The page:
• 2 states did not respond
  • Designated Individual in CMH charged with service
    coordination in the case of disaster/emergency
  • 24 states reported they had a designated
  • 8 states reported that they did not (in case of 3
    for MH not specifically child mh)
  • 17 missing/NA

Types of Responses from States on MH Services for
Children in State Emergency Plan
  • Each regional coordinator has a designated
    emergency satellite phone
  • Regional (10) disaster management teams
  • A system of trained and coordinated crisis
    counseling staff and networks
  • A network ready to respond of volunteers and
  • All hazards leadership team
  • A MOU with community behavioral health centers to
    coordinate, organize and mobilize during any

  • Policy Recommendations

All federal, tribal, state and local policies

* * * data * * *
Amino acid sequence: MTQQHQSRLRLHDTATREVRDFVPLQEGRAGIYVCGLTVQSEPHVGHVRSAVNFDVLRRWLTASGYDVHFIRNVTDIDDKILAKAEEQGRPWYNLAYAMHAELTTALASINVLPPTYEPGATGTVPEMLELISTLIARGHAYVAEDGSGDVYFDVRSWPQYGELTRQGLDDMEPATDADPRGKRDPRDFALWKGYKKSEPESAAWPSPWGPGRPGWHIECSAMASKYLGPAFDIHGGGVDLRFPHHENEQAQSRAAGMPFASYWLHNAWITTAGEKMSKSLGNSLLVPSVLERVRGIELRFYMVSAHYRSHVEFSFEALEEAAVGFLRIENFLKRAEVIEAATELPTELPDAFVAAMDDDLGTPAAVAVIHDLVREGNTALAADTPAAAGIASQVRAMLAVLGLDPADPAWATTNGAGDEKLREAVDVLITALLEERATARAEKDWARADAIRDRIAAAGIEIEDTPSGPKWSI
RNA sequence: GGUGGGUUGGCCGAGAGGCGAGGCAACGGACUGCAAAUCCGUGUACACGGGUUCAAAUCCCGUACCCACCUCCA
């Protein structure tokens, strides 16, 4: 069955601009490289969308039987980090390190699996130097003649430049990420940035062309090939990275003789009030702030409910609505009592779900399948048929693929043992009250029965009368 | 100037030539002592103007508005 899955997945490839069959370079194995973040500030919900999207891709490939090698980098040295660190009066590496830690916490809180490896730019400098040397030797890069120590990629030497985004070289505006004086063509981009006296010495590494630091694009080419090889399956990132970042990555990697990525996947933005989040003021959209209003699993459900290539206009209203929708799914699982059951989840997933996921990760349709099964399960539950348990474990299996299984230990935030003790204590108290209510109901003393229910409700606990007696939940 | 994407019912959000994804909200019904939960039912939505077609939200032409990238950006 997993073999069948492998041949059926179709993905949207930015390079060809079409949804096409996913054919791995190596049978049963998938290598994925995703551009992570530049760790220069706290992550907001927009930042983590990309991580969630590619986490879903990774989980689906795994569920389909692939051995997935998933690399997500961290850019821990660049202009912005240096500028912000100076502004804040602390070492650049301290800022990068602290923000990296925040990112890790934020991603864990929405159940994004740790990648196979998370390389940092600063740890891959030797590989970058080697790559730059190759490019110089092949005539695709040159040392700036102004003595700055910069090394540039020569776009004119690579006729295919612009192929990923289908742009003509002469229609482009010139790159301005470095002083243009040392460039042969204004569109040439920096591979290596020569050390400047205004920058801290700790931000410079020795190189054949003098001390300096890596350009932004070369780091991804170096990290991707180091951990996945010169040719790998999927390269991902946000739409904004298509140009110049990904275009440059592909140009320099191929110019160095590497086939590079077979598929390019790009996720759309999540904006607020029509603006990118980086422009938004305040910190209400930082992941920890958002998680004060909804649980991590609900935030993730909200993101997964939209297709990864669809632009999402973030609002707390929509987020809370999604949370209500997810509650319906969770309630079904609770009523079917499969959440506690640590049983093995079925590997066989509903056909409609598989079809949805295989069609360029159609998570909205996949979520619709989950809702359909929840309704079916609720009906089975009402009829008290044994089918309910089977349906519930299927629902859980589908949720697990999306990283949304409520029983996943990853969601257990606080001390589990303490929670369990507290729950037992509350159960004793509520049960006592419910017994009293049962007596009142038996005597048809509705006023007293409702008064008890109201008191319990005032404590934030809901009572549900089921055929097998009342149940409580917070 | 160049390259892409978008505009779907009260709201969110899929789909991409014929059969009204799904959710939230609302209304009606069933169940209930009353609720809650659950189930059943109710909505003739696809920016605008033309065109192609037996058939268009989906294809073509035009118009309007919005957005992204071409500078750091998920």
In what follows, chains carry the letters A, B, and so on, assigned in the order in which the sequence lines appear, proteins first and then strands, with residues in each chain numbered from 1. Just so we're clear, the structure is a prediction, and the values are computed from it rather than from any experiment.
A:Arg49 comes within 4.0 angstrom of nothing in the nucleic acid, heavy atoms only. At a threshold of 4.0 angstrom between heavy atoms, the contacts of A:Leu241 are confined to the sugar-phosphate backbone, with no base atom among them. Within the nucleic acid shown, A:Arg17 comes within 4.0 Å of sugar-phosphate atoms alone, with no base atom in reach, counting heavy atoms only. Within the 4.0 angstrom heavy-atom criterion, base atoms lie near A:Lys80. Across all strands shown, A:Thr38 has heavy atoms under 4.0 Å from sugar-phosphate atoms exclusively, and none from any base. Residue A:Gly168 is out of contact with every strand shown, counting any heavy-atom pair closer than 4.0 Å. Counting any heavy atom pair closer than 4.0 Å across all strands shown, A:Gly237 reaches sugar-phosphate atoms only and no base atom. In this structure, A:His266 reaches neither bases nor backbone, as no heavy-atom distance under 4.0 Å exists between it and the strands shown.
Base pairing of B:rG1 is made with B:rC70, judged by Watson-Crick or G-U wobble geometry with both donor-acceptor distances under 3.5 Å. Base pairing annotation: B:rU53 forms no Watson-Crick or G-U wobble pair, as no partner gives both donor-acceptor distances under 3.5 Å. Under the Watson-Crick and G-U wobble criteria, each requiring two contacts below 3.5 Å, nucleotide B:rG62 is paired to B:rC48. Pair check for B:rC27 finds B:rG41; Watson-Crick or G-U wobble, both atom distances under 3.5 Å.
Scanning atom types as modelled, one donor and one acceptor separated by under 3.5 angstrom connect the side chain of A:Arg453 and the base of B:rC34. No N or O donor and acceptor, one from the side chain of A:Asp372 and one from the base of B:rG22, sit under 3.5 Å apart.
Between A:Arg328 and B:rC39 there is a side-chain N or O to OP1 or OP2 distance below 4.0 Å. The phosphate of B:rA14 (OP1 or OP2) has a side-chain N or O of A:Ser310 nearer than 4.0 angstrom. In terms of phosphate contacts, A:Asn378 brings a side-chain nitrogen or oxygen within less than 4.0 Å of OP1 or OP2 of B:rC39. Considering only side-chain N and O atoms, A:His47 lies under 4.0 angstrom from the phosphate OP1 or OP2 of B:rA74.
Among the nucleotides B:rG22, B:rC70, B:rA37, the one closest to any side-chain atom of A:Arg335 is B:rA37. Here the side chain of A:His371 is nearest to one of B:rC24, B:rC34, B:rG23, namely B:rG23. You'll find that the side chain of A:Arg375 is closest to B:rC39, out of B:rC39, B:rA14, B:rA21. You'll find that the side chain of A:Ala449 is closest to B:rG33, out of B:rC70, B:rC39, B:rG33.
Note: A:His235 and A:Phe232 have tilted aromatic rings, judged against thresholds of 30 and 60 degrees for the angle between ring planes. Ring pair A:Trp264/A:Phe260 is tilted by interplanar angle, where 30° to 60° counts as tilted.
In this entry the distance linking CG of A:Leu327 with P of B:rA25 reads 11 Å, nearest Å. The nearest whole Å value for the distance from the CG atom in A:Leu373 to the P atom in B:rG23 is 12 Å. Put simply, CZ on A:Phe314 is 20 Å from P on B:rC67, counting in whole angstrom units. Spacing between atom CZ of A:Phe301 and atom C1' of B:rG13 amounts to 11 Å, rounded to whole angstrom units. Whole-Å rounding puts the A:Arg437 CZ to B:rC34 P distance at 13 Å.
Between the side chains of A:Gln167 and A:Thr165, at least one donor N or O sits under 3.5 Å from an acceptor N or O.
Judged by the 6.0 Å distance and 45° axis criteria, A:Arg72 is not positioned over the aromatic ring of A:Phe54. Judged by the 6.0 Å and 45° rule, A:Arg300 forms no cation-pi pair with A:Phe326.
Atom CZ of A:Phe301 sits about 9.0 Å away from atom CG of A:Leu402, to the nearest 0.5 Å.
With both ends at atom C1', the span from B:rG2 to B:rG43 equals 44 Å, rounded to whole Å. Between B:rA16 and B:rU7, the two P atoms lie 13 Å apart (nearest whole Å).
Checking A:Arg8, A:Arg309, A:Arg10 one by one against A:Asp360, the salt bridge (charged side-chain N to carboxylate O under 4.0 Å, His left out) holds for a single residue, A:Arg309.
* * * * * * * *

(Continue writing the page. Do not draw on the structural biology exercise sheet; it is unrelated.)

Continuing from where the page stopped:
should reflect a trauma-informed perspective
  • Important factors
  • Developmentally appropriate
  • Culturally Linguistically Competent
  • Encompass public health framework
  • Engage children, youth and their families in
  • Fiscally-responsive
  • Collaborative
  • Accountable
  • Support infrastructural development
  • Competency-based training
  • Address vicarious trauma

Policies should support/reinforce
  • Delivery systems that identify and implement
    strategies to prevent trauma, increase capacity
    for early intervention and intervention and
    provide comprehensive treatment
  • Strategies designed to prevent and eliminate
    practices that cause trauma or re-traumatize
  • Core components of best practices in
    trauma-informed care prevention, developmentally
    appropriate, empirically supported strategies,
    cultural and linguistic competence and family and
    youth engagement

Trauma-informed related policies must
  • Funding that is supportive of care and that
    adequately reimburses for effective strategies
  • Funding is contingent upon elimination harmful
    practices that re-traumatize
  • Investment in strategies to ensure workforce
    competency in effective strategies
  • Provision of incentives for care delivered in
    community-based settings like schools and child
    care settings in addition to health care settings

For More Information, Contact Dr. Janice Cooper Or Visit NCCP web